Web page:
On September 18, 2020, The Centers for Medicare and Medicaid Services (CMS) finalized the Radiation Oncology Bundled Payment Model and delayed implementation to July 2021. Through our access to Medicare claims data, Dobson | DaVanzo will be developing national and regional benchmarks to help providers assess their current performance and identify areas for potential savings under the new bundled payment model. We can help providers make use of their own CMS provided data by constructing episodes of care and dissecting their historical Medicare payments for various components of radiation therapy episodes as well as the utilization and costs of different treatment modalities.
On July 18, 2019, the Centers for Medicare and Medicaid Services (CMS) proposed a payment model that would make prospective episode-based payment for a list of specified professional and technical radiation therapy (RT) services furnished during a 90-day episode to Medicare fee-for-service (FFS) beneficiaries diagnosed with one of 17 cancer types. This issue brief - the third in our series of "Radiation Oncology Episodes of Care"- shows that the newly proposed CMS payment model may present savings opportunities for radiation therapy providers.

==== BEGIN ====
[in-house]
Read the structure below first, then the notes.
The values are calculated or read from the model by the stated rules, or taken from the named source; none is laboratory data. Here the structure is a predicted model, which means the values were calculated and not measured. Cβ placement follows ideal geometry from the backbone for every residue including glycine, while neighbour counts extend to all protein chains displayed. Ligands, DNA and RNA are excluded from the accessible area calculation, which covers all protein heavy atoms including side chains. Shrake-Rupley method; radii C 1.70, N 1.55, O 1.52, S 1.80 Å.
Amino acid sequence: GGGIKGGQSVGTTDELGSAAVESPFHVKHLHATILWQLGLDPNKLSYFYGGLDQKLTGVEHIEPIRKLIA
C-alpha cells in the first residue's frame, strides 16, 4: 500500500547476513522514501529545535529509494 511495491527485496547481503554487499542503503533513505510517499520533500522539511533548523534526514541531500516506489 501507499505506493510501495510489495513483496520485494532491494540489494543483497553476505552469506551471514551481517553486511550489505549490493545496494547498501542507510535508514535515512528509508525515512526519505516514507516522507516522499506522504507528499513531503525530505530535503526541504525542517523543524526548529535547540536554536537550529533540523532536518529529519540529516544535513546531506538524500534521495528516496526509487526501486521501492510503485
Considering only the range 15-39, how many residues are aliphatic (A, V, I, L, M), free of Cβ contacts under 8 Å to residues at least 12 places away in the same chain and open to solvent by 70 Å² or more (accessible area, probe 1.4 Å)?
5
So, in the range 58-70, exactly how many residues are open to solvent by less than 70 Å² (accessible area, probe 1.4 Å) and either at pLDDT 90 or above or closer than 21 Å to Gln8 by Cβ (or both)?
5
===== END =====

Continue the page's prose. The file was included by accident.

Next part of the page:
CMS proposed a prospective payment model that would pay participating hospital outpatient departments (HOPD) providers and freestanding radiation therapy centers for radiation therapy (RT) episode-based payment for a list of specified professional and technical RT services furnished during a 90-day episode to Medicare fee-for-service (FFS) beneficiaries diagnosed with one of 17 cancer types. Providers will be paid a single rate for each specific cancer type regardless of the treatment modality (i.e., stereotactic radiosurgery, intensity-modulated radiotherapy, conventional external beam, intraoperative radiotherapy, proton beam therapy, or brachytherapy) selected for the patient. Technical component providers that will be subjected to the Radiation Oncology (RO) payment model will need to determine how to achieve a 5-percent savings, which is CMS discount from average historical spending. One option will be to assess the clinical appropriateness and cost effectiveness of the treatment modality used during the episode. This blog is the second in the multi-series of blogs titled "Radiation Oncology Episodes of Care" and examines the cost differences across the various treatment modality options and their impact on episode spending.